SLUG: The recording quality is quite solid on the new album—the guitar sound is clear and menacingly thick, with the bass tone feeling very deliberate and appropriate. Jon Bakker, the current bassist, has a hefty list of bands to his credentials. How did you get connected with him to become a part of what Fester is?
Tiger: We are very satisfied with the guitar sound as well. Thanks! I have known (of) Jon for over 20 years, from the early ’90s when Fester often played with another local band called Balvaz. He used to play bass with them at the time. When the idea of another album was coming to be fulfilled, it was natural to contact him. He was happy to contribute, and his style fits Fester very well. I also asked Jontho (Ragnarok) to play the drums. He agreed, but as mentioned, we changed our minds and used a less traditional drummer for this record instead.
SLUG: Your other band Sincera just got underway with its debut album last year, are you going to be actively working on both bands or for 2012 leaning your focus more with Fester?
Tiger: The Sincera album was meant as a taste on other musical directions that we have been involved in, and we will do some more stuff later, but for the moment it's all FESTER. We have material for two new records at least the frames and guidelines, but it's FESTER no doubt—It won’t fit the Sincera concept at all.
SLUG: The atmosphere on the new record A Celebration of Death is more dirge-like—the band has always had the dirge and doom elements with death and black metal being the forefront “style.” I know what the atmosphere and feeling the new record gives me when I listen to it, but could you tell the kind folks reading this what “vibe” you were going for with the new album?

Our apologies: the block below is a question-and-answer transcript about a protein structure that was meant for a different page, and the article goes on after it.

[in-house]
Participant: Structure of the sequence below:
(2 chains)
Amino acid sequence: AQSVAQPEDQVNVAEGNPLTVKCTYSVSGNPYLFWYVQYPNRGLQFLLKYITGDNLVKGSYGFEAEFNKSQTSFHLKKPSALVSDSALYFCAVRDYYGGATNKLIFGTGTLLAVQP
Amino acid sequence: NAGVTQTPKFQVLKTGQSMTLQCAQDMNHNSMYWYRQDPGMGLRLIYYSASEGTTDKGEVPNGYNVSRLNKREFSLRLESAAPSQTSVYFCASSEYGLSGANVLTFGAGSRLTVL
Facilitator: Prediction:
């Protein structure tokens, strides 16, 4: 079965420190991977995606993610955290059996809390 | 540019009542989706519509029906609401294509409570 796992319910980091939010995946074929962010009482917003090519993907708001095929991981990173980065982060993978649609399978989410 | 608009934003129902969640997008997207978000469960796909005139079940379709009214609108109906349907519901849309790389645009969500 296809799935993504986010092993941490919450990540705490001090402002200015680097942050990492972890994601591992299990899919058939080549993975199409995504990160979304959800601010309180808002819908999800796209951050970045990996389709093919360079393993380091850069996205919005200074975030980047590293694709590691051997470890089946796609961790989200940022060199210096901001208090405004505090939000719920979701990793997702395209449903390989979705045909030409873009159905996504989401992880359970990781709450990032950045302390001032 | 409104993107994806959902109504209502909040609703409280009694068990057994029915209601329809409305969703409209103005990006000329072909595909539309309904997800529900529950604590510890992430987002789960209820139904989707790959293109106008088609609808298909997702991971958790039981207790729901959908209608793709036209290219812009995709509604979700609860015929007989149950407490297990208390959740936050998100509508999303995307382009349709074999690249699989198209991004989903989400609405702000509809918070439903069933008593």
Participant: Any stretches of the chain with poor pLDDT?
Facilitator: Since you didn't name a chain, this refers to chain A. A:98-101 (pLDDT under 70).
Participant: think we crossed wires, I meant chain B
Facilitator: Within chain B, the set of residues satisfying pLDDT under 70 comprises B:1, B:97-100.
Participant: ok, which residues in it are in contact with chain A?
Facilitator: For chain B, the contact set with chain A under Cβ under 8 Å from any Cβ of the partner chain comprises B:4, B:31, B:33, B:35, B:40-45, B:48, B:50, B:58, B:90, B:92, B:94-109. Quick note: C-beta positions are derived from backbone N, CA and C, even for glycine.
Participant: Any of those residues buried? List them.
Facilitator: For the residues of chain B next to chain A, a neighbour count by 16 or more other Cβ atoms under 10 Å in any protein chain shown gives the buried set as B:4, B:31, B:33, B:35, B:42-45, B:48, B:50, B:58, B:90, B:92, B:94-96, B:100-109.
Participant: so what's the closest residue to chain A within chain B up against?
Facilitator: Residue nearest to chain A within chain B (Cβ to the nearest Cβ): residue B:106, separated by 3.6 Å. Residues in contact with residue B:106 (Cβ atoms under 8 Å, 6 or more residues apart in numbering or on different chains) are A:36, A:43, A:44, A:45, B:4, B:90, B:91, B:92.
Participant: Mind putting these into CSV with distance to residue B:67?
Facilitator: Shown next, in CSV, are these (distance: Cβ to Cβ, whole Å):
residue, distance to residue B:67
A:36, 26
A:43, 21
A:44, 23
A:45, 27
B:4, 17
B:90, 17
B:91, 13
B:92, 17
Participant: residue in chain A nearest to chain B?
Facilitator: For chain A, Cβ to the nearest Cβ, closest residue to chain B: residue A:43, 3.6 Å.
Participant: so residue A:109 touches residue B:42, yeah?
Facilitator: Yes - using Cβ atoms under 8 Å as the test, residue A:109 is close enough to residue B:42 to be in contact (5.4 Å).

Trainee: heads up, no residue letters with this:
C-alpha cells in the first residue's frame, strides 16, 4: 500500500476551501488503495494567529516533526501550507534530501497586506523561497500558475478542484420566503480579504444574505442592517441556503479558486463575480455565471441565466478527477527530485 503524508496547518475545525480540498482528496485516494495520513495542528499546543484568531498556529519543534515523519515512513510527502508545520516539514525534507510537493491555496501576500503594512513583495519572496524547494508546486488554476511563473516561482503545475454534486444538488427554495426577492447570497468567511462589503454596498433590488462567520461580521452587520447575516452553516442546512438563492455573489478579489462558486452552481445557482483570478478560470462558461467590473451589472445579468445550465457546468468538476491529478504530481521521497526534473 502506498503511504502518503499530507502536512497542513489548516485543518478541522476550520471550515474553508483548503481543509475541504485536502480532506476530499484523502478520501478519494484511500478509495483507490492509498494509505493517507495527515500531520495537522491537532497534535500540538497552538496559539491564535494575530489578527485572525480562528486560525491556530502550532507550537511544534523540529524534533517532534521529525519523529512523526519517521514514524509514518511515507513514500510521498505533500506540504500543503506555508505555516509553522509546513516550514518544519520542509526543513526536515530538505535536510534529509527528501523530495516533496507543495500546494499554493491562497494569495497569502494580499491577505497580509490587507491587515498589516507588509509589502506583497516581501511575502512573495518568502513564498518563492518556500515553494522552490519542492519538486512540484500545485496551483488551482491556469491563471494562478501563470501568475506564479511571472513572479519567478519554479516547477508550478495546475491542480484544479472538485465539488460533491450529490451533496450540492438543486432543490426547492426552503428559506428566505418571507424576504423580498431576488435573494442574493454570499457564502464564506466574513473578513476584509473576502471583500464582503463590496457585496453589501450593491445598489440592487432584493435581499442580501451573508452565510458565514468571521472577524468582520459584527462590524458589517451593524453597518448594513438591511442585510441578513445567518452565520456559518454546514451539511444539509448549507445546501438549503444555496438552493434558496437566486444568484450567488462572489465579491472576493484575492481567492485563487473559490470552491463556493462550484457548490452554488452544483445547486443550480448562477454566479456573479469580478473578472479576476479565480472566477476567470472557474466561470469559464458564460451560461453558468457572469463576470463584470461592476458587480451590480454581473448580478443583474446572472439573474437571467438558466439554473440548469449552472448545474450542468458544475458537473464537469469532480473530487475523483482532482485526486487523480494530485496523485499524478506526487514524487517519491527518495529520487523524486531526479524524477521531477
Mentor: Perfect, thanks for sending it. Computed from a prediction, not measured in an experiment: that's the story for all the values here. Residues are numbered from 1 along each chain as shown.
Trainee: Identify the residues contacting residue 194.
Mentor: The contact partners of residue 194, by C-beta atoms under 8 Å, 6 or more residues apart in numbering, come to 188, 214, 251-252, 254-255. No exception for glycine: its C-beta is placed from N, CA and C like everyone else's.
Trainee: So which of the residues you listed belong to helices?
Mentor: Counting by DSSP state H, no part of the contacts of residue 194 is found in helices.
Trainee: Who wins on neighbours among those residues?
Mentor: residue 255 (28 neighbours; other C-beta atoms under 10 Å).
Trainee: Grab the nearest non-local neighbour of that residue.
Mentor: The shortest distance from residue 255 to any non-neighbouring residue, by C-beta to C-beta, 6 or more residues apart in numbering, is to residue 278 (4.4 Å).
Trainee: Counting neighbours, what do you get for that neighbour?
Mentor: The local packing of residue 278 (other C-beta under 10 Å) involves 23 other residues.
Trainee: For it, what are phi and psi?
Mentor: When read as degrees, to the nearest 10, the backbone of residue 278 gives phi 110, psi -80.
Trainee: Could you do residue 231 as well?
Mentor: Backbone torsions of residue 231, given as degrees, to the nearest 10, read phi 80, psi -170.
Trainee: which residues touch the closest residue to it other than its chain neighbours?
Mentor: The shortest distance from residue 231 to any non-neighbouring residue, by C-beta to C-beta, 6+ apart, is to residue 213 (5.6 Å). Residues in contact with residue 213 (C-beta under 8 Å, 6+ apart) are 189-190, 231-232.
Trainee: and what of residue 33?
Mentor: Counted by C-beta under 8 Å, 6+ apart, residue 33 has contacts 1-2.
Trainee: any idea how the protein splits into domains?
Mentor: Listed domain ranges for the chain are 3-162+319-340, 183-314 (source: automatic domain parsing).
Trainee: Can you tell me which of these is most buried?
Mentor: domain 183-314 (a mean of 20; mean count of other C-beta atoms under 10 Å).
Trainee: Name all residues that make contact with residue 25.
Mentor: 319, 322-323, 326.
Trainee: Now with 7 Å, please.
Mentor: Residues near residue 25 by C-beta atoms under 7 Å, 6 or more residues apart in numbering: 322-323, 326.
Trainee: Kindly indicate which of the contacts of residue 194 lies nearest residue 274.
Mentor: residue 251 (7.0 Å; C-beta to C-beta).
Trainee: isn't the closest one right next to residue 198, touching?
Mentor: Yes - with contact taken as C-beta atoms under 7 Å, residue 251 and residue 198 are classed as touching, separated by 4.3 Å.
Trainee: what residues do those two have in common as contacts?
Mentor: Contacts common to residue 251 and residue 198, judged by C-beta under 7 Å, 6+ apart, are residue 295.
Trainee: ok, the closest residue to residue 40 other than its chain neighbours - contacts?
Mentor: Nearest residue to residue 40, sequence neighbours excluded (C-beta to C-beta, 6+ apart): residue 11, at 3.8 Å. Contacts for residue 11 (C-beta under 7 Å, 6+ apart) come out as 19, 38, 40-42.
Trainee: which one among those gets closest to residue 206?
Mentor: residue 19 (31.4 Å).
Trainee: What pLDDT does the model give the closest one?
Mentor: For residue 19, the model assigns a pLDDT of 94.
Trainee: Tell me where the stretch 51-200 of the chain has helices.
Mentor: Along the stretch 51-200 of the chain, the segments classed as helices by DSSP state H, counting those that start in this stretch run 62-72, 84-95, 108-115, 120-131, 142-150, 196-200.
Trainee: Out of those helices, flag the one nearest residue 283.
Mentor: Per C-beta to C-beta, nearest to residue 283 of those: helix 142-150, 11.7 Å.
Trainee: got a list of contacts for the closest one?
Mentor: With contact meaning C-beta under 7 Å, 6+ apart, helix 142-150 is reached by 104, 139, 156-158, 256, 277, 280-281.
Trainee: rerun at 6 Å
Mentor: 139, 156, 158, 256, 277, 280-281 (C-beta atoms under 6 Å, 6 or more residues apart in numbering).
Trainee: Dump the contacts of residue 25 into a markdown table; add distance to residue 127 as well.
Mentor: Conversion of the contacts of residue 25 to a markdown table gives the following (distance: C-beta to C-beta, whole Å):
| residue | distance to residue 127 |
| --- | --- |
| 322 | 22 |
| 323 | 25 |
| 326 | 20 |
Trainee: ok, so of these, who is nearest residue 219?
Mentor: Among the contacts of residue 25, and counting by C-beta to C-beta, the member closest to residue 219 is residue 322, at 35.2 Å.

Tiger: I mentioned earlier complexity in simplicity, and also the old feel and rawness. I agree that atmosphere is a very important key word on this album. We hope that the record can give people the feeling of embracing death and the dark rather than fear it. One can truly find beauty in the dark.
SLUG: “Rites of Ceres” and “I’ll Hunt You Down” are seriously some of the best death metal I’ve heard so far this year—“I’ll Hunt You Down” is outright scary. Ceres is a figure in Roman mythology… why did you choose to start the album with that theme?
Tiger: Thanks! I was very pleased to hear that. I'm going to let you in on a not very known secret: Our late bass player used to call himself Ceres after the split up, and it's partly a dedication to him and the praising both growth, wealth and taking care of the ones you love, and only them. Here's a line from the song: "may our crops grow great, so we can feed our children and fight our wars." It's also one of my personal favorites on the platter, and I like the vibe in it—obscure, yet plain.
SLUG: The theme seems to continue on the record. Is the album conceptual or does it just share similar themes?
Tiger: It's not conceptual, but one can say that death is a theme that evolves most of the overall feel, and the lyrics. Thomas said, sometime during the recordings: "Bjørn, have you noticed that someone always dies in your lyrics?!"
SLUG: Are the re-releases of your first two albums still available for people to purchase? Also is the vinyl version of the newest album which I saw Floga Records released basically in a batch of 350 and 150 copies still available?
Tiger: The re-releases are still available on digi CDs (Abyss) and I believe that you might get your hands on the vinyl editions as well that German Ironebonehead Production released last year. Gatefold versions, different covers and strictly limited to 500 copies. The Floga versions of "A Celebration of Death" looks freakin amazing bro.. A laminated front on both gatefolded versions and a heavy coated 280g inner sleeve!